Saturday, 21 September 2013

The Feel of Goa in Monsoon - Part 2


***** Day 2 *****

When we came to Goa we had the Dudhsagar Waterfalls was definitely on our agenda.The way to the Gigantic beauty is through a forest trail which is not too easy to traverse, only Jeeps can take you to the waterfalls. There are some brave hearts who dare to take their bike all the way but its not an easy terrain to navigate on a bike.

While reading reviews on the Tripadvisor and other traveler blogs we also got to know that if the rains are strong there are chances that the forest trail to the waterfalls will be closed for visitors. Fingers crossed we hoped that since it was just mid-June rains should not play a spoilsport. An hour away from the resort there were two options : to take a local train to the nearest station to the waterfall or to hire a cab all the way till the motorable road was present. While the first would give a better chance to observe the locales the latter would ensure a comfortable travel. When we inquired in the resort about car availability, we got the bad news, the way to the falls was closed due to rivers overflowing along the forest trail.

Disappointed as we were we decided to make use of the day biking to North Goa.We retained the bike for the next day as well (Rs.250/per day).

It had rained all night and when I woke up the sky was pretty overcast. Hubby was not yet ready to leave the comforts of the quilt so I decided to take a short walk nearby.There was a walkway along the edge of the property very near to our cottage. It was very silent and serene all around. One could get a clear view of the sea from there. The sea was silent with occasional waves crashing on the rocks.I had taken my camera along... morning time is usually the best time to capture nature when there are hardly any humans around.I spotted a number of pretty insects, sad I didn't have my macro lens with me. I saw a group of fisherman pushing their boat into the water. Its very interesting to watch these fisherman readying themselves to go out for the early morning catch. It was a beautiful morning giving positive vibes for the rest of the day.
Around the resort


We got ready by 8.30AM and went for breakfast. The same fare was served. We gave some of our bread to the dogs roaming around. The resort people didn't object feeding the strays, which I liked. Human and animals should co-exist for maintaining a balance in the nature but sadly not everyone is sensitive to this.

We had decided to follow the NH 17B, touch Panjim and then move northwards. We had planned to visit one of the most famous beach the Calangute and then see what else we can cover. We did plan to have lunch at the very famous Brittos if possible.With that we started our journey. Thankfully for us, the rain clouds gave a break and the sun was up bright and clear.We drove till Cortalim Junction and took left to merge into the NH17. While driving through NH17B I was a bit confused, I remembered quite clearly that the Google maps had shown the Highway running parallel to the Arabian sea, but here till the time we were on 17B there was no sea on any side. The mystery was solved while coming back.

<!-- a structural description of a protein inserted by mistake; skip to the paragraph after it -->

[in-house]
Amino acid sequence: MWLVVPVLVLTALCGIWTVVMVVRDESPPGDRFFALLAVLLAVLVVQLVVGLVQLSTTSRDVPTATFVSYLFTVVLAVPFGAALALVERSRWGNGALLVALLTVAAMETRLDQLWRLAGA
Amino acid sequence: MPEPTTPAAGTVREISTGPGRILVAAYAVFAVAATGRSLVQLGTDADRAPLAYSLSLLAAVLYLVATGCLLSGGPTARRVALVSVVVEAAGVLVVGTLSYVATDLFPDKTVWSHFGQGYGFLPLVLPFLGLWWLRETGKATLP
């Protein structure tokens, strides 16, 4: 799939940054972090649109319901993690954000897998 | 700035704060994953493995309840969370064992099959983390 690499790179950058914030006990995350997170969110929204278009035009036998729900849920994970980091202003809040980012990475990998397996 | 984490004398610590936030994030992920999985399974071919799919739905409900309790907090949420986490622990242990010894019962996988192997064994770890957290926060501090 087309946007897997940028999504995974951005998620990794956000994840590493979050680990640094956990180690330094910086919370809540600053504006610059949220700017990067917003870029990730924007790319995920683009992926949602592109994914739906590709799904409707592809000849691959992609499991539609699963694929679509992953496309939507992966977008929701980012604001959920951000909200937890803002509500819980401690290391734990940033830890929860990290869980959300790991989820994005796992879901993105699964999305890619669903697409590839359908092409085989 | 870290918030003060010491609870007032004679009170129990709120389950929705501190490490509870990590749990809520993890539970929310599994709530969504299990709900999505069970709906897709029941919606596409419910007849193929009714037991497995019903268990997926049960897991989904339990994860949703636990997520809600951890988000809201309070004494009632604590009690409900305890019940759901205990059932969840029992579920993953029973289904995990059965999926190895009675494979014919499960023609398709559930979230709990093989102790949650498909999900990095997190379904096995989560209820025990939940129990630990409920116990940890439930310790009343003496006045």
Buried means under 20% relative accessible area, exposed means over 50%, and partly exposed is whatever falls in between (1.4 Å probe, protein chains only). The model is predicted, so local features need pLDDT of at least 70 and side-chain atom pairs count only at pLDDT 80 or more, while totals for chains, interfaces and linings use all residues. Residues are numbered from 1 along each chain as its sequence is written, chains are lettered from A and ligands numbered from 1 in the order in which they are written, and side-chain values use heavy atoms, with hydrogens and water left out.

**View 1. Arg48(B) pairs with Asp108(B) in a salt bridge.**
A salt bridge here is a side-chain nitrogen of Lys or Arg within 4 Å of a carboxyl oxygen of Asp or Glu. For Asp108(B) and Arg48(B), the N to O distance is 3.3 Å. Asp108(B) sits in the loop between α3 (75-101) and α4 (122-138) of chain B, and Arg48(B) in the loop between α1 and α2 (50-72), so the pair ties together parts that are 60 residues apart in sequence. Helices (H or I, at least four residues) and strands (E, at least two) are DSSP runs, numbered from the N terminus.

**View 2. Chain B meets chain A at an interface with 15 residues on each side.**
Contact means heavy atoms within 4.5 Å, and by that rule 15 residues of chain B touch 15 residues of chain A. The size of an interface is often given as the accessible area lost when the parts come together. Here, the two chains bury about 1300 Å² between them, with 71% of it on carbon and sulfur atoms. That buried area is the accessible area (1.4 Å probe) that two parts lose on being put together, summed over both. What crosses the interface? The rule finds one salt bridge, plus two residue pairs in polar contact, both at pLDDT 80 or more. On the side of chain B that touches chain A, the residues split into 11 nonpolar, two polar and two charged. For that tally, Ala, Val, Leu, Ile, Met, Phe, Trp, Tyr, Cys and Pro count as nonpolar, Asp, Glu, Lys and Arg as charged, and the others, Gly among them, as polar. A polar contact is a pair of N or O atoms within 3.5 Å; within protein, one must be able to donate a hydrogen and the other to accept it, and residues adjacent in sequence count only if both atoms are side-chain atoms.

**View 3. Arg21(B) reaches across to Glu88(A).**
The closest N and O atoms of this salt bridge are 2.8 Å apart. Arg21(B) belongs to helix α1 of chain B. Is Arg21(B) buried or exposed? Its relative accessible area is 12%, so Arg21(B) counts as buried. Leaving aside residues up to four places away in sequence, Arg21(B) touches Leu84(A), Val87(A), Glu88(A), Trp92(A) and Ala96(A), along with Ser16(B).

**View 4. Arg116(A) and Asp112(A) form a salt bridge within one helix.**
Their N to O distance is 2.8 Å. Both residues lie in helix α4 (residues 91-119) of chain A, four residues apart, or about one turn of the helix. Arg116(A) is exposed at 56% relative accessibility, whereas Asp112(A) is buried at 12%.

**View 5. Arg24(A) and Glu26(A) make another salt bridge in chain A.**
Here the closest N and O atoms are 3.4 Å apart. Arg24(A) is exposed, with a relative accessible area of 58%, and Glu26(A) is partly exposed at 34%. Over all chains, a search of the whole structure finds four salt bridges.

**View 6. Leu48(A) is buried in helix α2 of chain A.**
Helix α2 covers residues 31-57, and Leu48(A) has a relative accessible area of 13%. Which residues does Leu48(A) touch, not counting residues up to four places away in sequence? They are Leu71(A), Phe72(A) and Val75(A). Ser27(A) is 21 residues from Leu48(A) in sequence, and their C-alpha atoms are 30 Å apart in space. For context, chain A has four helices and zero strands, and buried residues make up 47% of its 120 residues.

The roads were seamless, no traffic, balmy breeze, sweet sunshine made the journey very pleasurable even on such an ancient bike. We saw many bikers on way going in the same direction as us. We crossed a couple of bridges. We saw big ships, mostly goods carrying ones anchored at the docks. The landscape looked like a freshly painted canvas...greenery all around.

While driving towards Panjim we came across a very beautiful cathedral Mae de deus (mother of god) church was built in 1873 in Gothic architectural style at Saligao (10kms from Panjim). The pure white against a carpet of emerald green is very soothing. We decided to stop while coming back.

Soon we reached Panjim. It had the usual character of a busy city, the only difference lot of tourists on bikes roaming around. We planned to skip exploring Panjim and keep moving towards Calangute.On way we crossed river Mandovi. Within half an hour we reached Calangute which is like 15 KM from Panjim. The directions are there everywhere so one wouldn't have much difficulty finding any place even being a tourist. As we approached Calangute the character of the surrounding was transforming into one fun fair. Music, Foreigners, teenage lovers, colourful attires, food shops, small roadside shacks selling mementos etc. No wonder in peak season this place transforms itself completely.It reminded me of Florida, the party mood is similar at all famous beaches I think.